The state had more than 40 films and television series from a variety of studios in production at the start of the year, including the series MacGyver and Doom Patrol and a Warner Bros. pilot, when the coronavirus started spreading in the U.S. Once the World Health Organization declared it a pandemic, Georgia’s flourishing film industry turned into a ghost town.

Officials with two of the most prolific production companies operating in Georgia, Warner Bros and Netflix, declined to comment about when they expected to resume production.

Norcross Best Friend Road
Eagle Rock Studios Atlanta, in the northern suburb of Norcross.

Studio heads told Bisnow there has been a smattering of filming taking place in Georgia over the past few weeks, mainly commercials or small productions that can still impose social distancing protocols. But the big productions — Hollywood movies and binge-worthy TV series — requiring hundreds of people in a studio to produce are missing in action.

On Monday, the International Alliance of Theatrical Stage Employees hired a team of epidemiologists to consult with the union on how best to return to production work, the union said in a press release. The Directors Guild of America last month launched a committee to research and come up with best practices. As of a May 8 letter to its membership, the group had yet to create a concrete outline.

“We’re being incredibly diligent in our approach, applying the latest science, and consulting with top medical experts and risk analysts. But as you know from the intricacies of production, there are a lot of complex issues involved, not to mention the fluidity of this situation, and the many unknowns,” DGA President Thomas Schlamme and National Executive Director Russell Hollander wrote in the letter.

“We are working closely with outside experts and other guilds and unions on safety protocols for returning to work,” SAG-AFTRA National Executive Director David White said in an email to Bisnow. "No one yet knows when the industry will be able to restart production, but we intend to be ready at the earliest possible time while ensuring the safety of our members."

Most white-collar businesses are mulling how best to return to work as states begin lifting restrictions. But as companies enact social distancing measures in offices, shops and restaurants, keeping 6 feet apart, wearing masks and restricting large gatherings are anathema to making good film and TV content.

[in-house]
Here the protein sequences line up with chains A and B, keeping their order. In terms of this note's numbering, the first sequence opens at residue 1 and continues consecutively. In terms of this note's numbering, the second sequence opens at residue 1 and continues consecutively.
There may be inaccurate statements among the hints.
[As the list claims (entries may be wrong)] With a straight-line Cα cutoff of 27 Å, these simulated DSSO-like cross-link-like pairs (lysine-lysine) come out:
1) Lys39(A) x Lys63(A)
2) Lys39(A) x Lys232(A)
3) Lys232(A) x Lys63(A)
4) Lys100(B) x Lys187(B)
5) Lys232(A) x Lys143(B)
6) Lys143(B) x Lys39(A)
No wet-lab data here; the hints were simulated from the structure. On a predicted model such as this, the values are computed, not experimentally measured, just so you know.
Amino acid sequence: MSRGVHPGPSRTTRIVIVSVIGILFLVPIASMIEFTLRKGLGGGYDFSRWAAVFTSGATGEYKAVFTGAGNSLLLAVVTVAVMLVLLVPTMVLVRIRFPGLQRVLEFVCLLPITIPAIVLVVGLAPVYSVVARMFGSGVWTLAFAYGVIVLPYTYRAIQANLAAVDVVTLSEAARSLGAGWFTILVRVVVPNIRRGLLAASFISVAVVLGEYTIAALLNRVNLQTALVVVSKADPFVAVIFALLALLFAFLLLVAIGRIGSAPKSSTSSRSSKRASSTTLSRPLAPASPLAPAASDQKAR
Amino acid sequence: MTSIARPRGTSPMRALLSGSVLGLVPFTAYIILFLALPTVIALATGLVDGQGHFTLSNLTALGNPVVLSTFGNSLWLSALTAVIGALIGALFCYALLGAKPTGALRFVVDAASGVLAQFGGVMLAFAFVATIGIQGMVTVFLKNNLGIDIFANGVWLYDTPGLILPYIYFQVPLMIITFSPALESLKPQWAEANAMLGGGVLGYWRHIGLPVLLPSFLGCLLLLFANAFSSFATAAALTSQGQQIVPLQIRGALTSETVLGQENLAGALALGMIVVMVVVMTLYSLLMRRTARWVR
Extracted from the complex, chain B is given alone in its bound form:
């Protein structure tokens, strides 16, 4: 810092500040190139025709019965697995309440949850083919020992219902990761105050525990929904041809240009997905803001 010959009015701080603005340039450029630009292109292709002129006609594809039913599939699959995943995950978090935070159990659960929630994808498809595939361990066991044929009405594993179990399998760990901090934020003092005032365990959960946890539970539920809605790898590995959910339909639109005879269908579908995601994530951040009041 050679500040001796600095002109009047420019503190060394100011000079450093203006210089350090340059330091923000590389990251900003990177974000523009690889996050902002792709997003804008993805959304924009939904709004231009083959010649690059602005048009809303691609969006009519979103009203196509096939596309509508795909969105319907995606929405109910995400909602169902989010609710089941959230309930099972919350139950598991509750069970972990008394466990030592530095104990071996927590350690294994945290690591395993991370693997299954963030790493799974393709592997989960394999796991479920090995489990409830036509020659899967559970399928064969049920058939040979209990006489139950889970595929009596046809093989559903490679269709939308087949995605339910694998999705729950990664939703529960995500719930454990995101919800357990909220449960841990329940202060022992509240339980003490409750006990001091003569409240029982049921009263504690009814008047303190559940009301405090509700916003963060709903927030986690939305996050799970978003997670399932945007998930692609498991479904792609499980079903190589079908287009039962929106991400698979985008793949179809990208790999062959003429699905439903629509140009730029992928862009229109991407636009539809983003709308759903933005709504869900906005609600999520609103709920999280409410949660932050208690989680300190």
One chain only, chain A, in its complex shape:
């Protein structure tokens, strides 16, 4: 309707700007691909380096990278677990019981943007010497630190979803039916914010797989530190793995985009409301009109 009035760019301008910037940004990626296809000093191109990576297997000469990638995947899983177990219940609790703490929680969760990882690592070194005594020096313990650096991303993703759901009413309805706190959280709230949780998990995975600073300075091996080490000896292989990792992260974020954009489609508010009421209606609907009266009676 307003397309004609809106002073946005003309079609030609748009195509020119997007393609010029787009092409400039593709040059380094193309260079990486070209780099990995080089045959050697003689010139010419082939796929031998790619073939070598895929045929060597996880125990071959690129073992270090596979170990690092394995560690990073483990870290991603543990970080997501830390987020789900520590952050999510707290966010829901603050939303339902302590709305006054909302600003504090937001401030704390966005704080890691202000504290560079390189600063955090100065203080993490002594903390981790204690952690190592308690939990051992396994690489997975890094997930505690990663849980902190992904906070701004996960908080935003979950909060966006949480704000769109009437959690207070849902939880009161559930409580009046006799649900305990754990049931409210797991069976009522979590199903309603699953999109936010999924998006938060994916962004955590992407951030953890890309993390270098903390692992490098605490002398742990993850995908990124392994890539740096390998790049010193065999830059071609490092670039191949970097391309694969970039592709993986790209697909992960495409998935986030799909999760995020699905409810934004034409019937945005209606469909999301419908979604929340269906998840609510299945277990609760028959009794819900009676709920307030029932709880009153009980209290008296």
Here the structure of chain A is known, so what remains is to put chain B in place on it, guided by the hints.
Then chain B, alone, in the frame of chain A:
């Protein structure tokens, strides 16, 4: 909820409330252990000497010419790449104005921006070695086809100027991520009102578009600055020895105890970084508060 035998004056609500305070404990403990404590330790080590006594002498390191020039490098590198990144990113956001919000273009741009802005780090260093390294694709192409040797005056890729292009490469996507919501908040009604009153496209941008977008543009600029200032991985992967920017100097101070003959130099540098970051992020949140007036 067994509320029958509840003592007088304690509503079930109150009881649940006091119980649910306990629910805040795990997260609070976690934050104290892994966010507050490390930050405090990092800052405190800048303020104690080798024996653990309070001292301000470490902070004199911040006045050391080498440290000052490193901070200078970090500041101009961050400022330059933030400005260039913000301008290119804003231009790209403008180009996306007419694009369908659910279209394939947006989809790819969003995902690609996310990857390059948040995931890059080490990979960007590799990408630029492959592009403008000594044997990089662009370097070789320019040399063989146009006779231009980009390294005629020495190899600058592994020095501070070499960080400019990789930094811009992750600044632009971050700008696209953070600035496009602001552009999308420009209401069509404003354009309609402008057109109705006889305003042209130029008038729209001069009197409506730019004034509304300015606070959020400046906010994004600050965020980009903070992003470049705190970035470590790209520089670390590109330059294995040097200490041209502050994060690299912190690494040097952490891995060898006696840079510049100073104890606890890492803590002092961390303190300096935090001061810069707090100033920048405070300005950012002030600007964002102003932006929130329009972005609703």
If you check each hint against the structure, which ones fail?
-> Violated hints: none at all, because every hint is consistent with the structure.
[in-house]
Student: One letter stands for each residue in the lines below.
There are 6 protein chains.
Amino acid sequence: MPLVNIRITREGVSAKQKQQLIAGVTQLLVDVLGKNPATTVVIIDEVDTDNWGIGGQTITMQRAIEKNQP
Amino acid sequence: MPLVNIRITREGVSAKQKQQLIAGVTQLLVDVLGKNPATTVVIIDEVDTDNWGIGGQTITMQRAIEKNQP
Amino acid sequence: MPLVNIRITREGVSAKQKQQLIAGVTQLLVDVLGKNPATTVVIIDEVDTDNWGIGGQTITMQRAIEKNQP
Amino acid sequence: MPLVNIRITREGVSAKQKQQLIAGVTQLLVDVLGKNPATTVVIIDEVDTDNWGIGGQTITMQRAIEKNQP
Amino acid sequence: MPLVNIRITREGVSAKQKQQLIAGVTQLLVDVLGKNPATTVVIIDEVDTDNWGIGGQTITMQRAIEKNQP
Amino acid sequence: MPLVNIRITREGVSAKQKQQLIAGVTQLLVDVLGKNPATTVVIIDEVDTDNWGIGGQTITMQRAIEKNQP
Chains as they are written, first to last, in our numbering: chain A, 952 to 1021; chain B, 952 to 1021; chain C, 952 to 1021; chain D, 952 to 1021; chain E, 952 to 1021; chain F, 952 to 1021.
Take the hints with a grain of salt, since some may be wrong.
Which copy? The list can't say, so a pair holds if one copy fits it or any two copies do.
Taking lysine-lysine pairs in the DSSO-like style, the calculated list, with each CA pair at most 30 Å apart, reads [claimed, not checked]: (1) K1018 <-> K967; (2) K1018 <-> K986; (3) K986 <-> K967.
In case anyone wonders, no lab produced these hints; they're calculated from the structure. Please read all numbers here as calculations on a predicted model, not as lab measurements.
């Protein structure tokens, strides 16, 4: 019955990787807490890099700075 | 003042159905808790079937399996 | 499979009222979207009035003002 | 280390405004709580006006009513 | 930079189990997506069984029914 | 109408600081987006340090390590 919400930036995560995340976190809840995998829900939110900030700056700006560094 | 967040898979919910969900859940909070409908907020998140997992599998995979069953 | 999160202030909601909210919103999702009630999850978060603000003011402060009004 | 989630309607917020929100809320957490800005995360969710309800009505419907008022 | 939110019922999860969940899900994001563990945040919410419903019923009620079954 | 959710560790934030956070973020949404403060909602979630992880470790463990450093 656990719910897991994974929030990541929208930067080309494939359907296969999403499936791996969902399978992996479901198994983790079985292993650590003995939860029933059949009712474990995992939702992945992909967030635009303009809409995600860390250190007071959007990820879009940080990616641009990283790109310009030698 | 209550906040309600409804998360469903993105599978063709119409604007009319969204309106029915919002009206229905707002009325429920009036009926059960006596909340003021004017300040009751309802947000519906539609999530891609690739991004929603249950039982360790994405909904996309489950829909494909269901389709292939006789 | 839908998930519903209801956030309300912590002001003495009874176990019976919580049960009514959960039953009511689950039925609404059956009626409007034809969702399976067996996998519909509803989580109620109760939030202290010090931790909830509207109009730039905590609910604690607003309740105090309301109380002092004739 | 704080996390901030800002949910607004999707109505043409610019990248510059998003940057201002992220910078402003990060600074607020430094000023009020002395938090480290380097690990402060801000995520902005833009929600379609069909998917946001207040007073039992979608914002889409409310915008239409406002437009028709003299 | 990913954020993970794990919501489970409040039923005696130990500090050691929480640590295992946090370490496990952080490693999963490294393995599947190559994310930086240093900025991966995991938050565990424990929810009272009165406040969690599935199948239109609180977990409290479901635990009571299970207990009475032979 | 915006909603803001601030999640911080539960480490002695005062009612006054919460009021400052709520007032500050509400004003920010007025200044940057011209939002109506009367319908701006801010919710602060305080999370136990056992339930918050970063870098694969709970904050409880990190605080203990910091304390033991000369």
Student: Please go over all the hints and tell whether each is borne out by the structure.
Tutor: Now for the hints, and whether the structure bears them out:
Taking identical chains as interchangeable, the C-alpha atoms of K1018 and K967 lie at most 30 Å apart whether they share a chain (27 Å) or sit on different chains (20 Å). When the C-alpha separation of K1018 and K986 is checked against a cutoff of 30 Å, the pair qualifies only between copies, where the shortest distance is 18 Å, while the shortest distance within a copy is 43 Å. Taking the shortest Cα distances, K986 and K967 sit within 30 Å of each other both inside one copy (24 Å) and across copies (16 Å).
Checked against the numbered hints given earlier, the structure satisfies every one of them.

“The avoidance of germs hasn't been the focus on any set in the past,” said Anna Singleton, a theatrical agent for Atlanta-based Houghton Talent. The agency has been placing its talent in studio productions in Georgia for 30 years, including the recent production of a new DC Comics TV show,  Stargirl.

“[Actors are] all eager to get back to work,” Singleton said. “But everyone has their own feelings of just not sure how to handle it. I think everyone's waiting for what the process and procedure is going to be.”

That is creating tension in the industry — the desire to get back to work and create new content, while also wanting to avoid endangering everyone on set. And the ultimate question: If someone does get sick, who is ultimately liable, Reitz said.

“I always call it, 'trying to figure out what the rules are and writing them on the sand on a stormy beach,'" he said.

Still, there is hope on the horizon. Many interviewed by Bisnow expect productions to start up again by this summer with an agreement in tow among the various unions. Bisnow obtained an email showing a representative from Disney inquiring about studio space in Metro Atlanta starting in August, and sources said Paramount Network was seeking potential studio space in Georgia for later this year.

“I'll be shocked if we don't have productions at Blackhall in June. We’re totally booked in 2021,” Millsap said. “We just have a big advantage because everybody wants to get back to work, and in California, I don't think they’re even able to get back to work by August.”

In anticipation of productions returning to Georgia, Raulet Partners reopened its prop rental shop this past week, Edgarton said. He expects there to be a surge of productions taking place, not only with new films and television shows but with those that were put on hold during the pandemic.

“There used to be a natural ebb and flow of starts and stops of movies. And now that's all going to try to restart at a compressed time,” Edgarton said. “It'll recover, barring flare-ups and stuff. The shows are coming back for the fall. The question is just how is that going to look.”